Wow, what a week it has been! It has been so full and I have to admit I am terribly homesick for my kiddos, my husband, and my normal life. Which is good, right?
In fact, when my kids dropped me off at the airport they were hanging all over me, smothering me in hugs and kisses to the point that that I had to push them away in order to even get out of the car. As I got my bags out I thought to myself, "Oh, I'm going to be glad to have a break from them!", but by the time I'd gotten through security and sat down in the terminal to wait to board the plane I realized I already missed them.
Though I do have to say that staying at the Grand America for a whole week has really had some perks. I've never stayed in a hotel this fancy before and it kind of makes me feel like a movie star... a big round pregnant movie star... but a movie star none the less. I think the highlight of the week was when my friend Becky came up to visit and to cut and highlight my hair. When she got to the hotel she realized that she didn't have enough foil to highlight all my hair and so we called the hotel room service to see if they had some aluminum foil we could use. They said they did and that they would send some up in about 10 or 15 minutes. Three minutes later Becky answered the door (I had foil in my hair) and there was a waiter holding a large silver platter, covered with a white napkin, with three pieces of aluminum foil sitting on it. Talk about fancy! Becky was kind of in awe when she came back in and said that moment had just been the pinnacle of her hair styling career-- to have aluminum foil delivered to her on a silver platter!
The World Congress of Families has been a very interesting, eye opening experience for me. It has been such a mix of people and viewpoints and has really pushed me to figure out what I believe and what I stand for. It has been way more conservative than I expected it to be which has been interesting. I consider myself to be a moderate and I've been to lots of liberal and secular conferences before but I've never been around a super conservative crowd before. I feel like I got quite the education this week!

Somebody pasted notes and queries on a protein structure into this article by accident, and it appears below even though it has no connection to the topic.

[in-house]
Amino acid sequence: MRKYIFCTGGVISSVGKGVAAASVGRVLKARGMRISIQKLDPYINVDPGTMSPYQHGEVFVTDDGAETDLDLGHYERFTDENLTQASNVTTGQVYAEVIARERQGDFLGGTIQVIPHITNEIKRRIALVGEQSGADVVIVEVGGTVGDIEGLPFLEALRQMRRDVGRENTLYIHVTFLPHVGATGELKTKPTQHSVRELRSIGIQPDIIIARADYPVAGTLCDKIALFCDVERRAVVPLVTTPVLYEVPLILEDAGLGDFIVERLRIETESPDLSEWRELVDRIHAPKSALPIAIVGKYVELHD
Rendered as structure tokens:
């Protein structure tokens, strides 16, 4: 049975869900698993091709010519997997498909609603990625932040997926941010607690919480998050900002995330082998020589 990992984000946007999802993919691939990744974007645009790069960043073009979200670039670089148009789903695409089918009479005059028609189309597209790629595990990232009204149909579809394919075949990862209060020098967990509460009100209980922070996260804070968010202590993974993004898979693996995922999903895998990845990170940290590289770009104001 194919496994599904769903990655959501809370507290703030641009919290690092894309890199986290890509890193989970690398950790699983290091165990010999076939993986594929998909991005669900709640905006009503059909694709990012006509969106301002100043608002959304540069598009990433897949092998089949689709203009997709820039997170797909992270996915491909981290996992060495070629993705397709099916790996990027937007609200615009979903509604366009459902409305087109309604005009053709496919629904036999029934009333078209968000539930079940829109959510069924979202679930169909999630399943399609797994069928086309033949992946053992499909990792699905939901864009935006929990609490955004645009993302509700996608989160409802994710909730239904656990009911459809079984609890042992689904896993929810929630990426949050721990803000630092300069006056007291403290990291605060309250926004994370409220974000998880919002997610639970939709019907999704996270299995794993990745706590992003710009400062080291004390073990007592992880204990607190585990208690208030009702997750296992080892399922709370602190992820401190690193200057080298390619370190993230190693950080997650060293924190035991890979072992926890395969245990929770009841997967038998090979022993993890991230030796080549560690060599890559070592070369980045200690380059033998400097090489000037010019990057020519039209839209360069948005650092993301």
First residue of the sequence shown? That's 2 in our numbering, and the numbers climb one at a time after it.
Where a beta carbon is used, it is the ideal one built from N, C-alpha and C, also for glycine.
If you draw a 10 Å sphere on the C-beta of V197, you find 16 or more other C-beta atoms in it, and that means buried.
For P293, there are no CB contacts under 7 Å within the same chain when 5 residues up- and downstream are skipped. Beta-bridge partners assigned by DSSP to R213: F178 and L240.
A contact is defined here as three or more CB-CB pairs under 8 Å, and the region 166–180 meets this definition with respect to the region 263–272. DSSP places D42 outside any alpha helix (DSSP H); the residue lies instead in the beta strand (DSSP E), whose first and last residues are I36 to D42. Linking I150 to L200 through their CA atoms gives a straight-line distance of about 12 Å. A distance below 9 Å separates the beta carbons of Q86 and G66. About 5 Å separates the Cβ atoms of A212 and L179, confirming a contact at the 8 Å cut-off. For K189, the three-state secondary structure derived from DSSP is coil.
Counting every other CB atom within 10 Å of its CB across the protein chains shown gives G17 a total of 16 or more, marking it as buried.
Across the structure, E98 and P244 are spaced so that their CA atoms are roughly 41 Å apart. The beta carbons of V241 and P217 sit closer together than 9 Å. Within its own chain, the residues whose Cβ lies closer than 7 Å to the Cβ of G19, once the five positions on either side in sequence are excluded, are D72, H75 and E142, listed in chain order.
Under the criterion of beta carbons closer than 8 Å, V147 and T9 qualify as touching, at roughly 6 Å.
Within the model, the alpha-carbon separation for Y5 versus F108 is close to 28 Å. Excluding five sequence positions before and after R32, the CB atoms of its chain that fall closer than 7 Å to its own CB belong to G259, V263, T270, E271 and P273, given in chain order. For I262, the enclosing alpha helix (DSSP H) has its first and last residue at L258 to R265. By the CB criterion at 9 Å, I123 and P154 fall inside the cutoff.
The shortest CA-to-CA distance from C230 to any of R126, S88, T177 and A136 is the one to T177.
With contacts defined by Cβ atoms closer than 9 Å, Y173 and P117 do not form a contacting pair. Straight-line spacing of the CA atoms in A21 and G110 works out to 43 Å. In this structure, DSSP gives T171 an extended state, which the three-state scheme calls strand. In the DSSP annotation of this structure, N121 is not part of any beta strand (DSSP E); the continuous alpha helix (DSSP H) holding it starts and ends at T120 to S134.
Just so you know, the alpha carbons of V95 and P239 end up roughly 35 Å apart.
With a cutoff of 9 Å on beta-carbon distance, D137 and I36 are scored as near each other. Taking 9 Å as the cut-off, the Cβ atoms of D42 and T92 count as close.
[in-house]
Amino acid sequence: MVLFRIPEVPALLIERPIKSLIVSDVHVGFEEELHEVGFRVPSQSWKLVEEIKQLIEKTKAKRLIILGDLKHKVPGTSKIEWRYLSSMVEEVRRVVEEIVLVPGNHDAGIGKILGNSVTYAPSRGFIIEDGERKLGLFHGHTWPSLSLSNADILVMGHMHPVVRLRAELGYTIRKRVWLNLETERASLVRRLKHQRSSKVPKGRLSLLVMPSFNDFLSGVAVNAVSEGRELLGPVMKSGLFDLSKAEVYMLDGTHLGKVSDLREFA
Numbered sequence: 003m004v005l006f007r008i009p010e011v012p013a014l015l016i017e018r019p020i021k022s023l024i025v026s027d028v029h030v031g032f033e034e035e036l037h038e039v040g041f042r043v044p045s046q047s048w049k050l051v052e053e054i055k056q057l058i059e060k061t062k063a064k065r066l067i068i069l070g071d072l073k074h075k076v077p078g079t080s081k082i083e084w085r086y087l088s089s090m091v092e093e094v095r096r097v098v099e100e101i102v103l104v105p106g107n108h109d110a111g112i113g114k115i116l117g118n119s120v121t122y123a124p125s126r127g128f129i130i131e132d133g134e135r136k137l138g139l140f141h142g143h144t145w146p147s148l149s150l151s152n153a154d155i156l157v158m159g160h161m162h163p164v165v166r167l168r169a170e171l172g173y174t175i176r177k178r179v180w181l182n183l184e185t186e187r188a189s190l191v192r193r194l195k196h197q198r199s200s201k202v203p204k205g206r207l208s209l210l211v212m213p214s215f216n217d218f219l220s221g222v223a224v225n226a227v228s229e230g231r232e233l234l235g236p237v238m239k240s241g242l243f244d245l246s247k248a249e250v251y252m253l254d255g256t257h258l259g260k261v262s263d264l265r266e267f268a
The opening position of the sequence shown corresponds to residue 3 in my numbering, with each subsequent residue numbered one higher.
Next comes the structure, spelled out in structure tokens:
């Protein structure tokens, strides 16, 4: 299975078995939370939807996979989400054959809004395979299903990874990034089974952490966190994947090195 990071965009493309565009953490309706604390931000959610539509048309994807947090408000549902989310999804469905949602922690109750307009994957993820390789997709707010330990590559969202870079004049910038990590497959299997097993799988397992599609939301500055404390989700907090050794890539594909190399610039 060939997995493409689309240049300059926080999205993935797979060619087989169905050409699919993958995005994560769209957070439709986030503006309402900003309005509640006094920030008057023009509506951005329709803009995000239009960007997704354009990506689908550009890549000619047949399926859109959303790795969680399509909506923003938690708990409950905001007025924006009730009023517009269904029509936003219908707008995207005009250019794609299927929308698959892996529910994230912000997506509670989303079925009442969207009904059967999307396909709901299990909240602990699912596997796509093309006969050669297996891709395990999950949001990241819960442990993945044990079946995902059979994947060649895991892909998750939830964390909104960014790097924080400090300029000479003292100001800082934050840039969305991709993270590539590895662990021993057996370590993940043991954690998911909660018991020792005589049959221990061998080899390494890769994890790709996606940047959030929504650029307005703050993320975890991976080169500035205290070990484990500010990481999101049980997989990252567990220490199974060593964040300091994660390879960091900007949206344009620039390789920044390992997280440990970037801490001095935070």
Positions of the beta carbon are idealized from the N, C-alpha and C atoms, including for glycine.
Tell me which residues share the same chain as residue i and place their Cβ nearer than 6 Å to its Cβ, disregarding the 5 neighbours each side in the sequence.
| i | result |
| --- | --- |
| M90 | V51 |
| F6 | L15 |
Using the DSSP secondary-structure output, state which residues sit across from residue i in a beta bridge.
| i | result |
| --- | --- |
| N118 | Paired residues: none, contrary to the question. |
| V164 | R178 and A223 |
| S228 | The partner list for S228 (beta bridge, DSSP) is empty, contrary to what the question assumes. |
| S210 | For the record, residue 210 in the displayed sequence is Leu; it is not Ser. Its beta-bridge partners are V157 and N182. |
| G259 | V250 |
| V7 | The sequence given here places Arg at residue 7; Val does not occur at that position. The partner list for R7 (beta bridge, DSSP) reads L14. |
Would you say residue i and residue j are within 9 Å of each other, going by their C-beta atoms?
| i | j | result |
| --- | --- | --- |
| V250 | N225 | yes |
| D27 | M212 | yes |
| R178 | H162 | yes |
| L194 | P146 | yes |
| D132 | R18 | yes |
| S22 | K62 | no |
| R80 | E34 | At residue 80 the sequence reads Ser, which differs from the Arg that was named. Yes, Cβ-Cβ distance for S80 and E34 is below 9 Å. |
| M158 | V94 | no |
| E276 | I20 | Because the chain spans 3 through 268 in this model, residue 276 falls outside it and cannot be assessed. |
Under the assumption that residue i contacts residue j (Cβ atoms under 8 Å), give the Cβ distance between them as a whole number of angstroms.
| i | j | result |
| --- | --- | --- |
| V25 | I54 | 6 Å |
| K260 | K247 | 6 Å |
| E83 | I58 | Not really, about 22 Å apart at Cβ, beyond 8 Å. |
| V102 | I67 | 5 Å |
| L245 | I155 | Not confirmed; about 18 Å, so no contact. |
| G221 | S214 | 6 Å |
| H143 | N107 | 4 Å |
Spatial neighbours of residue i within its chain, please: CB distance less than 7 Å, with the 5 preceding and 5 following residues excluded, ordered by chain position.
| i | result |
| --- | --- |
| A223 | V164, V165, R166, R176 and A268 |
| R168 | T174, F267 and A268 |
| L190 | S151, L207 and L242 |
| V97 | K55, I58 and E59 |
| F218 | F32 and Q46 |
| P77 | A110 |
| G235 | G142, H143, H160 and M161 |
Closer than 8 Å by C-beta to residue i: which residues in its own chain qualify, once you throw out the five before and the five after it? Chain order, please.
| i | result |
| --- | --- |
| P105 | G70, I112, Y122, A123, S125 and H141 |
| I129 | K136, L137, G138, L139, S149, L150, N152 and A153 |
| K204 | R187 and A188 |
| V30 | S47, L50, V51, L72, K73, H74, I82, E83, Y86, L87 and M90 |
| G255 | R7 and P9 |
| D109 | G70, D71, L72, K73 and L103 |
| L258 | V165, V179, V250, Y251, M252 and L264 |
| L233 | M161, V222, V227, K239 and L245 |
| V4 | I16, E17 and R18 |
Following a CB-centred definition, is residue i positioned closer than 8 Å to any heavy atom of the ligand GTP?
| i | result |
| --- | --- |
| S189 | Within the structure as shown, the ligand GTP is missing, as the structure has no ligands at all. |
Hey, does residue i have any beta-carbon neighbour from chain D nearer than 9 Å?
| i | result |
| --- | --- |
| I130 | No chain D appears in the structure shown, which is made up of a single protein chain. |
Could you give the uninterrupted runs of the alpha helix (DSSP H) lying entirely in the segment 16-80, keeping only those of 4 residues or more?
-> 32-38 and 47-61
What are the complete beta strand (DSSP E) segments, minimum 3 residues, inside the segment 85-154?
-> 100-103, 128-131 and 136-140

There has been a wide variety of speakers and panelists, who have all centered their messages around the importance of the natural family for the stability and prosperity of our nation and world. This is a topic that I very feel passionate about, yet it has been interesting to see how different people have shared their message. Before this week I had never experienced an evangelical preacher but wow, did I get a good taste this week! There have been some incredible preachers and ministers who have been so dynamic and powerful. I've enjoyed many of their messages, but it has made me grateful that our own LDS leaders aren't so concerned with being entertaining speakers, but with sharing things that are true and right in a quiet and very diplomatic way... because some of these other guys were not very quiet or diplomatic.
Like any conference there have been things that have resonated with me and other things I have disagreed with, but for the most part is has been a really great week and I've really grown in my own understanding of the importance of the natural family and in my ability to speak intelligently about it.
Here are just a few of the highlights from my week:
It was awesome to hear Elder Ballard speak. He was very soft and yet powerful in sharing the message of the plan of salvation and the importance of families in that plan. It wasn't anything earth shaking but it was neat to see an apostle bearing testimony before a diverse group of people from all over the world.
Hearing Jenny Oaks Baker and her four young children play in the opening session. They were just incredible, really just incredible. Even better because I got to meet Sister Oaks afterwards and shook her hand! Our Big Ocean group even got a picture with her and Sheri Dew.